Cannabis companies have been going public, merging, and acquiring competitors in a race for a competitive edge as cannabis legalization continues to sweep the globe.
According to a report from the cannabis accounting and advisory firm MGO|Ello, there were 300 strategic acquisitions worth $8.4 billion in the cannabis space in 2018, up from just $54 million in 2013. All that jockeying within the industry has led to a boom for investment bankers, who help companies raise money, go public, and pursue M&A.
Under its former CEO, Bruce Linton, Canopy Growth was perhaps the most active of publicly-traded cannabis companies, as it landed a $4 billion investment from the beer giant Constellation Brands, and orchestrated the first Canada-to-US cannabis acquisition with its complex deal to acquire Acreage Holdings.
US cannabis company Curaleaf is hot on its heels, having closed two near-billion-dollar acquisitions in the past six months. Because most cannabis startups can’t access traditional venture capital, many raced to go public through a process known as a reverse merger last year on the Canadian Securities Exchange to fund their growth — providing a windfall for the bankers who orchestrated these deals.
Most of the fees from these and similar deals are flowing to boutique and midsize Canadian investment banks (cannabis is federally legal in Canada) that took the initial risk of working in an industry with a hazy regulatory structure in the US. Federal illegality has frozen the biggest US banks from competing on these deals, and most still remain on the sidelines.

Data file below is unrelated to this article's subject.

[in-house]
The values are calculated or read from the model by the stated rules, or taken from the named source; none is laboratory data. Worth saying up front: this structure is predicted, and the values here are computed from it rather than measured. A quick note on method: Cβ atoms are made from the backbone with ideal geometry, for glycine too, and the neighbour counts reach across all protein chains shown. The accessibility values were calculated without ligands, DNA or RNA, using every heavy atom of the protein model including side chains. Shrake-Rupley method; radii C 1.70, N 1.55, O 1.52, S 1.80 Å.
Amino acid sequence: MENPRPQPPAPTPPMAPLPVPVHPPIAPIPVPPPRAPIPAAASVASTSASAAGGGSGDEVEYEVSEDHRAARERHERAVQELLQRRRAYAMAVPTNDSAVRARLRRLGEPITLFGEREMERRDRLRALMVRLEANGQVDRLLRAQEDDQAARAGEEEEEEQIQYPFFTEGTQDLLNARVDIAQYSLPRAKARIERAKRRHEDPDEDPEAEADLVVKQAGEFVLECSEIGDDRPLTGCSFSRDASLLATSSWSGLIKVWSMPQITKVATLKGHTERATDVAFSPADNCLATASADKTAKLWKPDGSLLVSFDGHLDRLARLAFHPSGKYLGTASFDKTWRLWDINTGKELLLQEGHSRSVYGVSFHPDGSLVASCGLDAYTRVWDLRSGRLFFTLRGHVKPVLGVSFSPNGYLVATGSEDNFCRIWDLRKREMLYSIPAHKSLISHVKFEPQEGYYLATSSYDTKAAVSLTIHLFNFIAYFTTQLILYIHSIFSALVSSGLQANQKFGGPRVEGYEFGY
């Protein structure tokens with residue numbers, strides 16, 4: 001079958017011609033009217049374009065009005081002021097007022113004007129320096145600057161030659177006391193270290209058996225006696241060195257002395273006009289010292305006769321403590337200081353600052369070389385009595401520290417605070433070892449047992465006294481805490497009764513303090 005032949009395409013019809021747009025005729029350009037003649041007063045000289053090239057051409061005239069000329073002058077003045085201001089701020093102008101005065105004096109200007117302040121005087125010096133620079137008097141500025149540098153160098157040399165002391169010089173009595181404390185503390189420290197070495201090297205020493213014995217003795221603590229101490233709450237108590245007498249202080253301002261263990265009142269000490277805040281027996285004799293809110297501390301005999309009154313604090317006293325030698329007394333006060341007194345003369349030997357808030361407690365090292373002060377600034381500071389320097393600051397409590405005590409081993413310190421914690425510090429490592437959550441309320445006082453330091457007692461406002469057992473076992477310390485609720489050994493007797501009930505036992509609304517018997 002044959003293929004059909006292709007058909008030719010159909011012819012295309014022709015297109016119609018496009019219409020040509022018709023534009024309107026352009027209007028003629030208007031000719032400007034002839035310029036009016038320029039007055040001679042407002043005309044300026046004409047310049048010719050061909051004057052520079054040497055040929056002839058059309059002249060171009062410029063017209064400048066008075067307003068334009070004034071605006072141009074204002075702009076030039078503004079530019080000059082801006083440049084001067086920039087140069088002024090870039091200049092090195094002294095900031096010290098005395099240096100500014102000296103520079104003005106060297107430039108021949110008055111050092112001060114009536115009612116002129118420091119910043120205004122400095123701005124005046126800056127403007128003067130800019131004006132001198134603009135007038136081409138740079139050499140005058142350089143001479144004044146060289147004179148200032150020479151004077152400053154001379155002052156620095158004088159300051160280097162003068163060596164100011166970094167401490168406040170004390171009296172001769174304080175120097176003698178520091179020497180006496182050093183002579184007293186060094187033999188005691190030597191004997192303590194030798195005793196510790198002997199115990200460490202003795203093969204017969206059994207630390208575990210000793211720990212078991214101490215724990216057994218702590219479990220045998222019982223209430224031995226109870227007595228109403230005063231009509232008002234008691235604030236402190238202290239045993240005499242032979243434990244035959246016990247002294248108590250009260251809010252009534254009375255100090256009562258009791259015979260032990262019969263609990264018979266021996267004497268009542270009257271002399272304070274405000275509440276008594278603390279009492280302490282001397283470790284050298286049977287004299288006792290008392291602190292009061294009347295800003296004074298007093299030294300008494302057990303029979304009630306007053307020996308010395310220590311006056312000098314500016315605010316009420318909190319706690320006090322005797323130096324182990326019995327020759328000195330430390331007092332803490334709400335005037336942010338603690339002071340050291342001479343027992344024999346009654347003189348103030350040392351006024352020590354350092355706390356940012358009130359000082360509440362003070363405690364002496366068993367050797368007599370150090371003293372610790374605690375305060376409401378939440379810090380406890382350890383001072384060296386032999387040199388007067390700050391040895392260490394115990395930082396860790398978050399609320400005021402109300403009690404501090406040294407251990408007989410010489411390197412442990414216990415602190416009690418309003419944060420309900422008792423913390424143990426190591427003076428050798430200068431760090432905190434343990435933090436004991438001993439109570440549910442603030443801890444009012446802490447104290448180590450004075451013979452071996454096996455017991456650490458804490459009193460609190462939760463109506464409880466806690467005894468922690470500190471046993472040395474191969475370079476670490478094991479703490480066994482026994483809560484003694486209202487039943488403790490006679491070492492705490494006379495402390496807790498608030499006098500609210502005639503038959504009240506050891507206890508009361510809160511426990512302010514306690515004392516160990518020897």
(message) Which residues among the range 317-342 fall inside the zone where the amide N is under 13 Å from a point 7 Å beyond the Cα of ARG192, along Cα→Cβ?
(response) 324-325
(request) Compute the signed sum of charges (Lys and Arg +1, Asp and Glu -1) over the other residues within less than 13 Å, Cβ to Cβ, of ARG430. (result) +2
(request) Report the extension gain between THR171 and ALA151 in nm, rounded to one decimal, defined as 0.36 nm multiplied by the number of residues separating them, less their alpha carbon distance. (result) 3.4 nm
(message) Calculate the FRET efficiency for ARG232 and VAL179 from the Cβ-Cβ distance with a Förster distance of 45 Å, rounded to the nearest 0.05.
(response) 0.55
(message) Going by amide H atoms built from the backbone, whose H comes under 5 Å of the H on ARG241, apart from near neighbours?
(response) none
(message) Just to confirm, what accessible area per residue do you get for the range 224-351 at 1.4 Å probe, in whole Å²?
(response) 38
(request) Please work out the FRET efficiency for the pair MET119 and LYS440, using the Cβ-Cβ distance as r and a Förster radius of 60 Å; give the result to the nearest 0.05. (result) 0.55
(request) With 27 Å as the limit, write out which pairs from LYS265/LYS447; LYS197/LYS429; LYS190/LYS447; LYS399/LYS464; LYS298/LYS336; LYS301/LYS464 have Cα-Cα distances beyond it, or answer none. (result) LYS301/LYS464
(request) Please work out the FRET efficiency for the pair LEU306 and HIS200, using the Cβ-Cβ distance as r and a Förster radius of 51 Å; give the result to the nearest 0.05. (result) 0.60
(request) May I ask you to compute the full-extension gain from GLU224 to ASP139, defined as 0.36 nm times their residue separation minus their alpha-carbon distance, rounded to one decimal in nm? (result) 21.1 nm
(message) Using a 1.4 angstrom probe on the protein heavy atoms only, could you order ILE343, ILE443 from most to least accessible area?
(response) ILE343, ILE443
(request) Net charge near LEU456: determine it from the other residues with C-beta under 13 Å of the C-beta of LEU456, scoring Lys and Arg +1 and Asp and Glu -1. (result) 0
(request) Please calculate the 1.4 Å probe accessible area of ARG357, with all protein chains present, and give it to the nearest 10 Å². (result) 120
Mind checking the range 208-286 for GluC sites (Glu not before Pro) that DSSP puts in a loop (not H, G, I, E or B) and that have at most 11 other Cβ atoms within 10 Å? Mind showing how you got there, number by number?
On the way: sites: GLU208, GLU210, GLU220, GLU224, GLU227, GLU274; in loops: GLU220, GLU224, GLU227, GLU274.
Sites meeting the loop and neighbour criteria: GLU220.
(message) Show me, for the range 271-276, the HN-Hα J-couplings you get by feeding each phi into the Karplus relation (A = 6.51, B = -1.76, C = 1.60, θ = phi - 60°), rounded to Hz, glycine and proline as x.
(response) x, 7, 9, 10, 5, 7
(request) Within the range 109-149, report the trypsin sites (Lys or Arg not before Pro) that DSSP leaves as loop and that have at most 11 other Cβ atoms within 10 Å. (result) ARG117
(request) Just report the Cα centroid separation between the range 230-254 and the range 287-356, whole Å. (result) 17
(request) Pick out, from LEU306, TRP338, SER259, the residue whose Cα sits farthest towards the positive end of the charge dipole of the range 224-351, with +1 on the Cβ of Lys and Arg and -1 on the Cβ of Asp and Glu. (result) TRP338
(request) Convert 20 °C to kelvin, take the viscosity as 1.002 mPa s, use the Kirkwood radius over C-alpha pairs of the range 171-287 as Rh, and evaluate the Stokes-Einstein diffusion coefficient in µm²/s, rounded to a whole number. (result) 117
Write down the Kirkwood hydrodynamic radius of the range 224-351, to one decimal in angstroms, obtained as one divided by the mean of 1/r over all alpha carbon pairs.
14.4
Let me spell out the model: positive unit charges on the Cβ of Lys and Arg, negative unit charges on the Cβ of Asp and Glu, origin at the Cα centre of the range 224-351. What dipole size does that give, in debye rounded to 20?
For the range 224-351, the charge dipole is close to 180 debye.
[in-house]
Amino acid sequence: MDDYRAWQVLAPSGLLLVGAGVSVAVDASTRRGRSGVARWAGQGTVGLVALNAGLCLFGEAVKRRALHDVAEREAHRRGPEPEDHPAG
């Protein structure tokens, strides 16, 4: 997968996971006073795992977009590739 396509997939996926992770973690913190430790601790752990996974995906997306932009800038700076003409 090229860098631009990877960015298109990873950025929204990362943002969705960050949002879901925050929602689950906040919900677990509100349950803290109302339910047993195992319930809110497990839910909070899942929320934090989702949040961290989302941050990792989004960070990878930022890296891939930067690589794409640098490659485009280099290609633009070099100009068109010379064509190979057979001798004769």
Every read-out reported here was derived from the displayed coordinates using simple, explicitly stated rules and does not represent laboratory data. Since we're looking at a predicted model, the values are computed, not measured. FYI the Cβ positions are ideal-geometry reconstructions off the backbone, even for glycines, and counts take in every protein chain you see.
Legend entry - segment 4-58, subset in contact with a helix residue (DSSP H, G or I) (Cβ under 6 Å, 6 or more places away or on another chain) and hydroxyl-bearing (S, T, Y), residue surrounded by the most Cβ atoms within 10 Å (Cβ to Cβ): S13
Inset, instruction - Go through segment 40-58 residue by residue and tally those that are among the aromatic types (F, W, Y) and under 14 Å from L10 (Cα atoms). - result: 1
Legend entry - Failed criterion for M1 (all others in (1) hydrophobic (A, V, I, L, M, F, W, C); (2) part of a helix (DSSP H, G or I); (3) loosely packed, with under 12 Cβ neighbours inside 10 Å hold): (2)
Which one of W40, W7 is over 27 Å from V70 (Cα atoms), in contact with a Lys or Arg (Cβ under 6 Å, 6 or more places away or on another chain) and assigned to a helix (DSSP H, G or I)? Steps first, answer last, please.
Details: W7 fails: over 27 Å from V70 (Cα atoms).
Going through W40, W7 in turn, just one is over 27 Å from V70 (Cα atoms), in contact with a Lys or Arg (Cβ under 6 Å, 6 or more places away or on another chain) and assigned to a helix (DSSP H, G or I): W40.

Canaccord Genuity, a midsize Canadian investment bank headquartered in Toronto and Vancouver, has grabbed the largest share of fees from the cannabis industry, according to data from Dealogic. As of September 23, Canaccord has netted $122 million in fees from cannabis deals across equity capital markets, M&A, debt capital markets, and loans, amounting to an 18% share of all fees generated from cannabis deals.
While the top-tier US banks are mostly sitting on the sidelines for now, some, like Goldman Sachs, have advised existing clients on cannabis deals.
In an effort to figure out who’s making money on these deals, Business Insider put together a list of the top dealmakers in the cannabis industry, based on Dealogic data. We then conducted additional reporting to identify the top cannabis bankers at those firms.
This chart is up-to-date as of September 23. It shows the top ten banks working on cannabis deals and an estimate of how much money they’ve made in cannabis since 2015, primarily from deals and stock offerings.